Every Saturday morning, just after our second cup of coffee, Lea and I make a list of what we need to accomplish before sleep overwhelms our tired and spent bodies late Sunday night. The staples are always present: laundry, mow the lawns, grocery shop, and clean the pool. We rarely list the fun things; movie, dinner out or play time with the grand kids, because we don’t want them to feel like a chore. Fun, although well planned, should be spontaneous by design. When we complete an item on the list we check it off with pride. Often on Saturday afternoon we review our list together to assess our progress. If we have done something not on the list and completed the task, we add it to the list so we can check it off. Our system of measuring weekend accomplishments has taken decades to perfect and has managed to successfully keep full blown OCD at bay. We have considered teaching classes on our method, but so far have decided against it. (However, if it ever makes the list we will do it). Our weekend ritual of making and checking boxes for work activities is both functional and enjoyable for us, but I wonder, what else in my life has become a ritual of checking the box?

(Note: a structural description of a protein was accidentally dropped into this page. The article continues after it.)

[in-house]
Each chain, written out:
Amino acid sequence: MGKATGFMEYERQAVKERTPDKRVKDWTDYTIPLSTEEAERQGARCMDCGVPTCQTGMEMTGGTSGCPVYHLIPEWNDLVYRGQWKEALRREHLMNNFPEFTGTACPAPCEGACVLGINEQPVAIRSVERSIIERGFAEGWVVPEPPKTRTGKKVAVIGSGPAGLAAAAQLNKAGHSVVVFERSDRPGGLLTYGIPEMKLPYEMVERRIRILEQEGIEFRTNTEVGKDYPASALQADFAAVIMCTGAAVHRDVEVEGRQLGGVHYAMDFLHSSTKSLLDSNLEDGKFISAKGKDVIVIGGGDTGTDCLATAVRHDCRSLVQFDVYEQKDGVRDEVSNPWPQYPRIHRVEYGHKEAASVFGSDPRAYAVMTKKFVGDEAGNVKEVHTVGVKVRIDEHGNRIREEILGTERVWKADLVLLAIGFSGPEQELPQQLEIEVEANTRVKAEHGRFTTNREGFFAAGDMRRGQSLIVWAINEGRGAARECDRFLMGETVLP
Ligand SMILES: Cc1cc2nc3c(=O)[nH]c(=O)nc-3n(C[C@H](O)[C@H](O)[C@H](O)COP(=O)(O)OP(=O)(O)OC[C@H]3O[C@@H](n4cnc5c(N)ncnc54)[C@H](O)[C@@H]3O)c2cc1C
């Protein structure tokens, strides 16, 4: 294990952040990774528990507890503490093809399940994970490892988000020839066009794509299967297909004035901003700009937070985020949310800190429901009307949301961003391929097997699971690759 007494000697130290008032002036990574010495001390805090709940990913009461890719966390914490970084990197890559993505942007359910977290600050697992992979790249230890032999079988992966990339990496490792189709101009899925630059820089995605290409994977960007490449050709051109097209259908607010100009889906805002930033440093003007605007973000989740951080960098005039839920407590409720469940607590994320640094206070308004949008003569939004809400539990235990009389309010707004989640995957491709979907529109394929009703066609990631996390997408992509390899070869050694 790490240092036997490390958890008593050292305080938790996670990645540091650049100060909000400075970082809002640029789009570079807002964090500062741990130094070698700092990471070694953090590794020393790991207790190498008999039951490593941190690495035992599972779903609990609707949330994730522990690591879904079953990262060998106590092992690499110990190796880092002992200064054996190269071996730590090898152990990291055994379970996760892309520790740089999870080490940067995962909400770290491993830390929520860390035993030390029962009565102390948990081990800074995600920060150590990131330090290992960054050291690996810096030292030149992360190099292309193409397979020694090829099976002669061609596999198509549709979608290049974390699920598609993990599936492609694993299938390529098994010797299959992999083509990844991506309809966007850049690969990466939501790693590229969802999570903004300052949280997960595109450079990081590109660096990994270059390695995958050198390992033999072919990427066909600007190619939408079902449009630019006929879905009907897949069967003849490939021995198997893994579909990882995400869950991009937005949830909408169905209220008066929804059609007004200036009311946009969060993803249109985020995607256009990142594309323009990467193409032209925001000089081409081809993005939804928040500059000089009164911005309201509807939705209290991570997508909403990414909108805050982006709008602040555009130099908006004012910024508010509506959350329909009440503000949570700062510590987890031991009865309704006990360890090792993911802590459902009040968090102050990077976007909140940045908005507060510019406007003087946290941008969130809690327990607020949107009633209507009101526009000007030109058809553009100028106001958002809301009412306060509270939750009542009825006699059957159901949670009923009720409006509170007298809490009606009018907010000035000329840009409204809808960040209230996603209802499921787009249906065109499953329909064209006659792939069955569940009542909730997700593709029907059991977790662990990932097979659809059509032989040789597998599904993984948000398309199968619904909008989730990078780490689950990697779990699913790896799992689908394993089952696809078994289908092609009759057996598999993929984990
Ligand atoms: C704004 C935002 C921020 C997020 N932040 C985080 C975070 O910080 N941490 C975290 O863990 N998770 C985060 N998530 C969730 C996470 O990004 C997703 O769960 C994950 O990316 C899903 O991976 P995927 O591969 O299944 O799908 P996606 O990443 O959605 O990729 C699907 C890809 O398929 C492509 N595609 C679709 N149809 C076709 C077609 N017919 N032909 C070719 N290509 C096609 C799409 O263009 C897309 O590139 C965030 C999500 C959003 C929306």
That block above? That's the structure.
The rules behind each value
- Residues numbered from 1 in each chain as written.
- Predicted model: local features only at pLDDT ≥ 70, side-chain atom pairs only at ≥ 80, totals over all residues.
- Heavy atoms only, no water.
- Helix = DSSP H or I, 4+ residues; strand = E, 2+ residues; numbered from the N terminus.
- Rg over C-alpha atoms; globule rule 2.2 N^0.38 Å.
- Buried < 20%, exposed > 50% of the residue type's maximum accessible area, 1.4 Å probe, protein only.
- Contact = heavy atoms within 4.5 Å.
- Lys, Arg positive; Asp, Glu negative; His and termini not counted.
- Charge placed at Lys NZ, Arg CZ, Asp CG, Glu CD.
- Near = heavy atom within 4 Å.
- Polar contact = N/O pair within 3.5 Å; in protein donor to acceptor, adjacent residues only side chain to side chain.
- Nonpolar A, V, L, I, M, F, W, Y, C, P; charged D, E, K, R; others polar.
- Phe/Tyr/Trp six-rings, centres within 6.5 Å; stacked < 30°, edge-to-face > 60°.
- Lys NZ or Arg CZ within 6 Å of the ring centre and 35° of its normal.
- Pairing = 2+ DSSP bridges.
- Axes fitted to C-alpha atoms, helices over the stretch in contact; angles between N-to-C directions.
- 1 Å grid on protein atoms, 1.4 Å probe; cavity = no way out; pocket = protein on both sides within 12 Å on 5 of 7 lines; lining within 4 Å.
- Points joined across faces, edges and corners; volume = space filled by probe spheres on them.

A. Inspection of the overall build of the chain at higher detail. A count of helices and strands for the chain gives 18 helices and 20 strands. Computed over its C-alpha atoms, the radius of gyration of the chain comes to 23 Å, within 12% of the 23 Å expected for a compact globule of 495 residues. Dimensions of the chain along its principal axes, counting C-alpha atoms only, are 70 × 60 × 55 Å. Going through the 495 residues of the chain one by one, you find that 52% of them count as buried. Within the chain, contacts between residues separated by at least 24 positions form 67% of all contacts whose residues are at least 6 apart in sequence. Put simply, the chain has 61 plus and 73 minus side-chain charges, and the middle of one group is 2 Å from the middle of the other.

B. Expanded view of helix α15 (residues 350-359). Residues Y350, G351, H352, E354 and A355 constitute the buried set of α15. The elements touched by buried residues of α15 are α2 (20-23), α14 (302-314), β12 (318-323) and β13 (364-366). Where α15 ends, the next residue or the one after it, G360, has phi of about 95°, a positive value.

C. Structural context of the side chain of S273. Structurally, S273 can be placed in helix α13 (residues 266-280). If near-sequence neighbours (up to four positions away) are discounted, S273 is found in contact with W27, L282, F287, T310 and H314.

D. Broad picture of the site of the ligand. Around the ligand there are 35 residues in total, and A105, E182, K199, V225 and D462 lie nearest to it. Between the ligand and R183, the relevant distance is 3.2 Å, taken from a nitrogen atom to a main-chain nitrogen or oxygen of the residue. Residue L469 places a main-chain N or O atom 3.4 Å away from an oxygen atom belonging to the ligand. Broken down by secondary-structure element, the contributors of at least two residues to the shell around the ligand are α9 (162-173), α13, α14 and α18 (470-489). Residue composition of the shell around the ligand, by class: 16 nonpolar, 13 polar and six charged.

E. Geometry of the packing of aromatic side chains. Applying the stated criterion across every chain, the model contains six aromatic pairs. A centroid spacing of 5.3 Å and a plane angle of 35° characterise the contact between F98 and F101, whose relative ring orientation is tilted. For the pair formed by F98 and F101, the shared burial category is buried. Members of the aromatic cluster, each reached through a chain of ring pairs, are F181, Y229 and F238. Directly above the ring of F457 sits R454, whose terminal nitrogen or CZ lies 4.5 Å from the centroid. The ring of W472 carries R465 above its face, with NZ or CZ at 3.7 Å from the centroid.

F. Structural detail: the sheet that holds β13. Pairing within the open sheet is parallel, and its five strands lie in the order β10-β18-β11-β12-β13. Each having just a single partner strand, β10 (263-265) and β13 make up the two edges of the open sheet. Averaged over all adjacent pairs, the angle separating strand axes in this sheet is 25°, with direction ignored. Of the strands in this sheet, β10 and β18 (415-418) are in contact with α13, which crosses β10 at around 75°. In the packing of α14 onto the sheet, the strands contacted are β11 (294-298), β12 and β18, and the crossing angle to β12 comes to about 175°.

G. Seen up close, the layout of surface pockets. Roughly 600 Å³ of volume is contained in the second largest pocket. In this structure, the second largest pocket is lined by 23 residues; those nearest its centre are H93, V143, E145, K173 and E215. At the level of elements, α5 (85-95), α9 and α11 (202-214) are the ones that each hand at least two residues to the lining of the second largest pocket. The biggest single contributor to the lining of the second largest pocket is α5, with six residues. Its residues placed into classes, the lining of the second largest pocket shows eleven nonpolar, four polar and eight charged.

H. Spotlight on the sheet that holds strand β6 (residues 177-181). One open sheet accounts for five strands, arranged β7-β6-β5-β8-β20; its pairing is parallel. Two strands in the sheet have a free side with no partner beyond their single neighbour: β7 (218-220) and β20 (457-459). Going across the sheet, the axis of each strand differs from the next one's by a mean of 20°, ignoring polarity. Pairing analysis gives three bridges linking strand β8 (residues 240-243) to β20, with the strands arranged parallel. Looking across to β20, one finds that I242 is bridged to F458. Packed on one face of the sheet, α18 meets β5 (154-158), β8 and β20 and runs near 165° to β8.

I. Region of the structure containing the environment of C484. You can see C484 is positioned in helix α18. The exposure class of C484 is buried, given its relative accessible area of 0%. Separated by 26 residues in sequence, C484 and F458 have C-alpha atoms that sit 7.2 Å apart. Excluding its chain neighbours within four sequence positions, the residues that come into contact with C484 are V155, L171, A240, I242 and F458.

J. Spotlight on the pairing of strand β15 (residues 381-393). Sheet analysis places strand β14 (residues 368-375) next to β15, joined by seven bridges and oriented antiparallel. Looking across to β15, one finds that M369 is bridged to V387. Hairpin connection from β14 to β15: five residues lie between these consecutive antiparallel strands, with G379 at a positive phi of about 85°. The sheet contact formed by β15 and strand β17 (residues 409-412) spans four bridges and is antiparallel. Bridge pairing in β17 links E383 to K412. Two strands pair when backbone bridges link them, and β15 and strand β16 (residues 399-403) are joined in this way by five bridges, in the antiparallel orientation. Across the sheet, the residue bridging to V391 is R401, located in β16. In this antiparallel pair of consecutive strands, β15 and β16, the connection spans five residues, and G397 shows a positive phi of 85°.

As a normal course of life, we are asked to routinely trust a diverse array of situational commands delivered by people we have never met, or machines we never wanted to. Yet we accept these often life changing commands as routine because we trust the source. More precisely, we choose to trust the source.
“In an emergency, the bags will drop from the ceiling above your head. Simply pull on the chord to start the flow of air. The bag may not inflate, but (TRUST ME) air will be flowing.” We are asked in an airplane emergency to trust that lifesaving air is actually in an empty bag. I’ve never heard anyone ask, “I don’t trust you – prove it.
You are driving your car towards a busy intersection, and the green light is shining in your direction. Other cars are approaching in a perpendicular path, but they SHOULD have a red light. You TRUST that the other cars will stop. We TRUST that the light is working properly and the other drivers see the light, know the law, and will obey it. We bet our lives on that scenario every day.